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Women of the Credit Crisis: Where Are They Now?


On Wall Street, the glass ceiling remains firmly intact.

The past couple of years have claimed many victims on Wall Street, but there was a time when it felt like the finance sector's top women were suffering a disproportionate number of job losses.

First Zoe Cruz got the boot from John Mack at Morgan Stanley (MS). Then Erin Callan became collateral damage from Dick Fuld's efforts to keep Lehman Brothers in business. And then Sallie Krawcheck effectively got pushed out by Citigroup (C) chief executive Vikram Pandit.

In each case, it was a woman so close to shattering the glass ceiling she could practically feel it splintering by the force of her fingertips. Cruz was the co-president being groomed as Morgan Stanley's next CEO. Callan was holding her own against the short sellers as Lehman's chief financial officer. And Krawcheck, formerly Citi's chief financial officer, was widely praised as a future Wall Street leader before she turned 40.

And in a flash, the ceiling became cement again. Wall Street wasn't only unprepared for such a crippling credit crisis -- it wasn't ready for female chief executives either.

Gradually, the women are staging comebacks. Krawcheck was named head of wealth management for Bank of America (BAC) in August, and her name surfaced as a possible successor to chief executive Ken Lewis, although she looks to have long odds. And last week, the Wall Street Journal reported that Zoe Cruz has a $200 million hedge fund in the works. Callan, who took a leave of absence from her new job overseeing the hedge fund business at Credit Suisse in February, still hasn't returned to work or provided an explanation for her departure.

While high-level female executives may have taken a toll as Wall Street crumbled during the credit crisis, another group of women has emerged as potential fixers of the massive problems. FDIC Chairman Sheila Bair is cleaning up toxic banking sector, SEC Chairman Mary Schapiro is hoping to help craft a new regulatory landscape for financial institutions, and quiet and amiable Elizabeth Warren is becoming a loud and powerful voice on how the government is handling taxpayer money for bank bailouts.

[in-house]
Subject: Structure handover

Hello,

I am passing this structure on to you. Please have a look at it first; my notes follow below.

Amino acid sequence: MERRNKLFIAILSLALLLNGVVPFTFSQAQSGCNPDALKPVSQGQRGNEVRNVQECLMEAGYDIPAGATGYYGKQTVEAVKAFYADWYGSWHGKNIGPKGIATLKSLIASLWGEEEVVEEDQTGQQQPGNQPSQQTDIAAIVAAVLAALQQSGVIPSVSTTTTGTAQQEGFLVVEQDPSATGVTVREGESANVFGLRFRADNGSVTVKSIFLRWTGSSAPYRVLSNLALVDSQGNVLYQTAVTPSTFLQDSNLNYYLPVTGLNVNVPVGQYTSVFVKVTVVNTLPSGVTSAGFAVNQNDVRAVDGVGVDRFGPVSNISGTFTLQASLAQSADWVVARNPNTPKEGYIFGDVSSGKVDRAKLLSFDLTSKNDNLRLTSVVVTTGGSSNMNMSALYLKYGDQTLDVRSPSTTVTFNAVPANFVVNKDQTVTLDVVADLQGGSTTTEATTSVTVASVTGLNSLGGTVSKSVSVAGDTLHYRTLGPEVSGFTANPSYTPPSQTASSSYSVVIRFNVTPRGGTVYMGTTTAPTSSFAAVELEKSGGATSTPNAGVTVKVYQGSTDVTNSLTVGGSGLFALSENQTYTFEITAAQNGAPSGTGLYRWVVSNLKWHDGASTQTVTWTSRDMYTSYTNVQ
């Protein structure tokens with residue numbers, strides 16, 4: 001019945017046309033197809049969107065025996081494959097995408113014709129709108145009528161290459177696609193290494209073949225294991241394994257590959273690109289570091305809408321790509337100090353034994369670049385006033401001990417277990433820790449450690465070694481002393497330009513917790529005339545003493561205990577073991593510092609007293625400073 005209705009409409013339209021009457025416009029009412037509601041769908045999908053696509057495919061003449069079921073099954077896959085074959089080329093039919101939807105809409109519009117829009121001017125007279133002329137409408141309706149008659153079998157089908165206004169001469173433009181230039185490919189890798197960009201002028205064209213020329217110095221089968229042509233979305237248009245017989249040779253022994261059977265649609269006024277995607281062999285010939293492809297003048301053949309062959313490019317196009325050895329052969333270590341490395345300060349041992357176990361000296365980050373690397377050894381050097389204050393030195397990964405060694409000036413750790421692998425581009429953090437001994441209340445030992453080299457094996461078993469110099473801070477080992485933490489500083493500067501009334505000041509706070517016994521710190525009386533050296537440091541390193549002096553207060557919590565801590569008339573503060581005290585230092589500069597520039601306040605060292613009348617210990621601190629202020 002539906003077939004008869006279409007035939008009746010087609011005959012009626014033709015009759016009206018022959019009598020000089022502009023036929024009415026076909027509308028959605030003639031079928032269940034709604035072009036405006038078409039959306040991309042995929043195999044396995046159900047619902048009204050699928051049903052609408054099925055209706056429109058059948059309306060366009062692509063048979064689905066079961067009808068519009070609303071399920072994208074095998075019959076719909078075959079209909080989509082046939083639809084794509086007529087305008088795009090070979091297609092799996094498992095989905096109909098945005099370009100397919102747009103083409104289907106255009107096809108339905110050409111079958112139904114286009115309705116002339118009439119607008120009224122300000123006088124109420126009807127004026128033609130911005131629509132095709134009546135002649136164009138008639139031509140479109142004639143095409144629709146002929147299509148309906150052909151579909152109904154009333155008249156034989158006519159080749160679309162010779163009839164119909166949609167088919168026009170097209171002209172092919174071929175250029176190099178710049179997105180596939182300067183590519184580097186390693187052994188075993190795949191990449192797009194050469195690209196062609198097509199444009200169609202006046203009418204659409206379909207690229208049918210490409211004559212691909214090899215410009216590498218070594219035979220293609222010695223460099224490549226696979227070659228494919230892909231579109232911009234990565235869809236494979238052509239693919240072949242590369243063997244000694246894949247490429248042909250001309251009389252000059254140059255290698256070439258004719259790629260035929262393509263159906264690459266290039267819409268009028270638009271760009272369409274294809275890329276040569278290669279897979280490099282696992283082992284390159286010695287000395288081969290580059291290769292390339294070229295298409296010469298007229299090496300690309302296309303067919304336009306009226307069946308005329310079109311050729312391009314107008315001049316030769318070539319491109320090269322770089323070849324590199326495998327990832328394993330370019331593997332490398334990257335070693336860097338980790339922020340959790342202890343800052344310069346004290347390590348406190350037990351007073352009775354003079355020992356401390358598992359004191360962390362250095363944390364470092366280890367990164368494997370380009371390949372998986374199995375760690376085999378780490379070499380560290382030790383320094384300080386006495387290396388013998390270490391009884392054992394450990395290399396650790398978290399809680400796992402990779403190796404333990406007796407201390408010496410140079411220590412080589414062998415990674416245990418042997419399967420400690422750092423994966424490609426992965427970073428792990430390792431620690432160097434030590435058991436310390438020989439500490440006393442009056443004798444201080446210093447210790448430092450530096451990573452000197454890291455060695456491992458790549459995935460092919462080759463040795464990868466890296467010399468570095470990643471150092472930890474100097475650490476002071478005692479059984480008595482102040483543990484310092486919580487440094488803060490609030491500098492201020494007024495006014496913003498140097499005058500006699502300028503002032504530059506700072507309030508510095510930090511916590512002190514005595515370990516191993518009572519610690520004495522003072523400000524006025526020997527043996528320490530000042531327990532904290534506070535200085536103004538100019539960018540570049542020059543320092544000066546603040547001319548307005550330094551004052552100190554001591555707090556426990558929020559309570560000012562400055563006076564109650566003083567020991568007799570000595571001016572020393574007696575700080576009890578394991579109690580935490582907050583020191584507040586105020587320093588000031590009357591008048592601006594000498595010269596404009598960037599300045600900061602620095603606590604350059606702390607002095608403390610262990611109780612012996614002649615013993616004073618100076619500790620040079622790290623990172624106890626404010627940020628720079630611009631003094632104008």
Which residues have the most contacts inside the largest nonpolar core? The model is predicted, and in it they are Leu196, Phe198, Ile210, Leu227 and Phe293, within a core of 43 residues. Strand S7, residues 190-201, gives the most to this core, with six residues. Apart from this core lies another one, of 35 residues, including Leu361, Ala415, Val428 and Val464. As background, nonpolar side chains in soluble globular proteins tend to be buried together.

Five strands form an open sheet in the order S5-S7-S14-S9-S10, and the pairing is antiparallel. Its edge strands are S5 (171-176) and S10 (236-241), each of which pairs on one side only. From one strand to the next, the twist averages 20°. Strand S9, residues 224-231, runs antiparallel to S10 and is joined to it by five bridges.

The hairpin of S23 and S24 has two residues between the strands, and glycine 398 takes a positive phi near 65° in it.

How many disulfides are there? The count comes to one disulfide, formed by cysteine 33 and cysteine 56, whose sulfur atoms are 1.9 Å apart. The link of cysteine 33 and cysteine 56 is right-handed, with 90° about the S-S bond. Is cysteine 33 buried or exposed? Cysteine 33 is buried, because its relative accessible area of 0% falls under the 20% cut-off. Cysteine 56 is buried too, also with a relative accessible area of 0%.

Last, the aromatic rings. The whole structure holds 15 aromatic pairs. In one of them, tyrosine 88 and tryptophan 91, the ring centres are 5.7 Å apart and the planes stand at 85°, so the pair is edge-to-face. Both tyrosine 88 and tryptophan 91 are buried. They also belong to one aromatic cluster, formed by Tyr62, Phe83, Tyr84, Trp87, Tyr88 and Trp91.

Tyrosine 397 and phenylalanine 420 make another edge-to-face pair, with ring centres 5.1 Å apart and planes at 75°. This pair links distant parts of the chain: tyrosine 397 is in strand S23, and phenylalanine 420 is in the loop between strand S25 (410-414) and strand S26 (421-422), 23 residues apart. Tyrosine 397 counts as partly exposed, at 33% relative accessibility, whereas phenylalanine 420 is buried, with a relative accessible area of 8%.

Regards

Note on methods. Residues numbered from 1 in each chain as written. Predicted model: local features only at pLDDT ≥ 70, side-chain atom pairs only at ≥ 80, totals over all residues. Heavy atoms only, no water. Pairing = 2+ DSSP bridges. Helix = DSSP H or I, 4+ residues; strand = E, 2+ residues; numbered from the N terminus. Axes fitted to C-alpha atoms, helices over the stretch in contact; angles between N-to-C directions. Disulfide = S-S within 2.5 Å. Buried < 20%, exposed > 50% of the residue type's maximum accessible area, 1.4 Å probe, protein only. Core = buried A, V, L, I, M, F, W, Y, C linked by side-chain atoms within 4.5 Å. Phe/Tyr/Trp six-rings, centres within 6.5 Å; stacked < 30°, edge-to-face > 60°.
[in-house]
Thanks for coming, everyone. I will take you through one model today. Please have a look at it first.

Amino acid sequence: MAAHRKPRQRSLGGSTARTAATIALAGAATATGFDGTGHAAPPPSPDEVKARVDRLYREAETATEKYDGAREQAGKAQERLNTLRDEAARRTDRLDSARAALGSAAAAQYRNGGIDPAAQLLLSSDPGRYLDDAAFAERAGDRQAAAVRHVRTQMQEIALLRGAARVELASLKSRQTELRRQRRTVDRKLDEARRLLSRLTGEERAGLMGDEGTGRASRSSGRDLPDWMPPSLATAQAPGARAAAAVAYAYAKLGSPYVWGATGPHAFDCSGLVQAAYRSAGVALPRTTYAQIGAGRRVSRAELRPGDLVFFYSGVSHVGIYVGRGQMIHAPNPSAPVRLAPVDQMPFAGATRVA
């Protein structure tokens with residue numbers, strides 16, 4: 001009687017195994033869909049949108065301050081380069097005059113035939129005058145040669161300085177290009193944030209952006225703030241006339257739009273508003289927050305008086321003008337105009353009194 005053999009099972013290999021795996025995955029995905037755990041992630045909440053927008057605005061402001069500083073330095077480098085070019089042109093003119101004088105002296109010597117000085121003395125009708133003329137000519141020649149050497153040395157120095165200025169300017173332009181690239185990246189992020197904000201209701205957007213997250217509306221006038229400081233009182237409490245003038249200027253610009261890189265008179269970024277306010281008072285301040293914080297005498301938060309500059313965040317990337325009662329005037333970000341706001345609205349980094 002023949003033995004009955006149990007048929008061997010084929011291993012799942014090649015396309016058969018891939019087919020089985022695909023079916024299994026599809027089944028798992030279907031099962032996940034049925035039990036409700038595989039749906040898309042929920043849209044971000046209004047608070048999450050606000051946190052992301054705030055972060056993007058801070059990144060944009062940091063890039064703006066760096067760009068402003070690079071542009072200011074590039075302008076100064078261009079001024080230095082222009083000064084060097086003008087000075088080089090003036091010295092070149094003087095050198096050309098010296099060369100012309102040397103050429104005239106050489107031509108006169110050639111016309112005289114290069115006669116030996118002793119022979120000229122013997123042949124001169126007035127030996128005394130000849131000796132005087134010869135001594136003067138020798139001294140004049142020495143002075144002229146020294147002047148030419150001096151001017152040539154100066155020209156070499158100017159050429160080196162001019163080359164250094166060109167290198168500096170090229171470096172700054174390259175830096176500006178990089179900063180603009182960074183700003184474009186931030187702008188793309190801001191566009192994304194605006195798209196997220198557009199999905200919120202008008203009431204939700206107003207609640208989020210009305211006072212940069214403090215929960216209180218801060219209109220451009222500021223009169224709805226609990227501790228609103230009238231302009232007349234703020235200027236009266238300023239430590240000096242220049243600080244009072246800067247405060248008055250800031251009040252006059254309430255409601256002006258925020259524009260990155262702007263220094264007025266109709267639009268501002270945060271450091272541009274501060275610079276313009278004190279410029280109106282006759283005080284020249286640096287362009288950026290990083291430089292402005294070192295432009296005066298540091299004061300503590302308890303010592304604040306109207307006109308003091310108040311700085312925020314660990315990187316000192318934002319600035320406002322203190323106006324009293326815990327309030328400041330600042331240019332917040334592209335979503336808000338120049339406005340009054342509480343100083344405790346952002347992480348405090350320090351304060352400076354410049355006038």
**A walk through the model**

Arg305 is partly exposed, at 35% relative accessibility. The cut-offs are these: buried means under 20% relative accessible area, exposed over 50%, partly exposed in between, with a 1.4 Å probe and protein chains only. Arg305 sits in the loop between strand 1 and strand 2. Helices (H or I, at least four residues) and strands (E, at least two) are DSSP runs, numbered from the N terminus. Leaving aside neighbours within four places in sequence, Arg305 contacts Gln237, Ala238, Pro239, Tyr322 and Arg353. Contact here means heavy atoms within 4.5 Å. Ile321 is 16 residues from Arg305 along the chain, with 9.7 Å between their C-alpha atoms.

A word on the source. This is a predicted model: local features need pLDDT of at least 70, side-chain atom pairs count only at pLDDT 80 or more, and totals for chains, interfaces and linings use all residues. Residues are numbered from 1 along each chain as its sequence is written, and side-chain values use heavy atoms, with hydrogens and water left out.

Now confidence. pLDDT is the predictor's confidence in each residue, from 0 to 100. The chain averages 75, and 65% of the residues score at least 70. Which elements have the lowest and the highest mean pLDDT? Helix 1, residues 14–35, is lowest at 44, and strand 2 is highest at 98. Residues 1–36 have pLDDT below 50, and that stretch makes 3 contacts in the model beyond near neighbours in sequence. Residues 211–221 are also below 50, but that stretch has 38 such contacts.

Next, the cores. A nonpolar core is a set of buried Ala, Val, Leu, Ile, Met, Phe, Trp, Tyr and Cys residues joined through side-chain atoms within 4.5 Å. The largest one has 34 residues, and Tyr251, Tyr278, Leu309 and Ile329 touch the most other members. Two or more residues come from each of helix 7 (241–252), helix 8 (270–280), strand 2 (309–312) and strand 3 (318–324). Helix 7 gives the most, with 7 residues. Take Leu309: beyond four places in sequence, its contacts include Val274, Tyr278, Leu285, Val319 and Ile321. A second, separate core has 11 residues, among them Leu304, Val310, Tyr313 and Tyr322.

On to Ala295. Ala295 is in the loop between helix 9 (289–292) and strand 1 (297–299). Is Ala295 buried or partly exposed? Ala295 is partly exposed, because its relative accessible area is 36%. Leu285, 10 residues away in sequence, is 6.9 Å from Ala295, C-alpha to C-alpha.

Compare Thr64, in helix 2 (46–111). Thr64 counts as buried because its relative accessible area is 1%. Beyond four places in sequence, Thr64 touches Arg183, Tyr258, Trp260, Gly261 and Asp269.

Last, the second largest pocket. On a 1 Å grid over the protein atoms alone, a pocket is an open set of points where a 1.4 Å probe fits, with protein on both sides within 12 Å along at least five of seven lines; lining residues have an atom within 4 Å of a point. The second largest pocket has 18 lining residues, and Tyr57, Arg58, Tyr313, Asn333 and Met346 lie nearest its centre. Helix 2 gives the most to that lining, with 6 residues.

Would the credit crisis have been averted if women, more likely than men to be averse to risk, had been in power? We will never know. Will women help prevent the next one? Let's hope so.

Read on to remember six women of power in the credit crisis and to find out where they are now.

Zoe Cruz

The future looked bright for Morgan Stanley's Co-President Zoe Cruz in November 2007. She was on track to become the firm's next CEO and the first female to ever hold the position at a major Wall Street bank. Instead, she became one of the first major victims of the credit crisis when she was unceremoniously fired by boss John Mack. After bad trades in the division she ran resulted in a $3.7 billion loss for the company, Mack forced her out."I've lost confidence in you," Mack reportedly told her just weeks after acknowledging she was in line to succeed him. "I want you to resign." But the Cruz Missile, as she is known by friends and foes alike, is returning. The Wall Street Journal reports that she's launching a hedge fund, Voras Capital Management, to invest in distressed assets.
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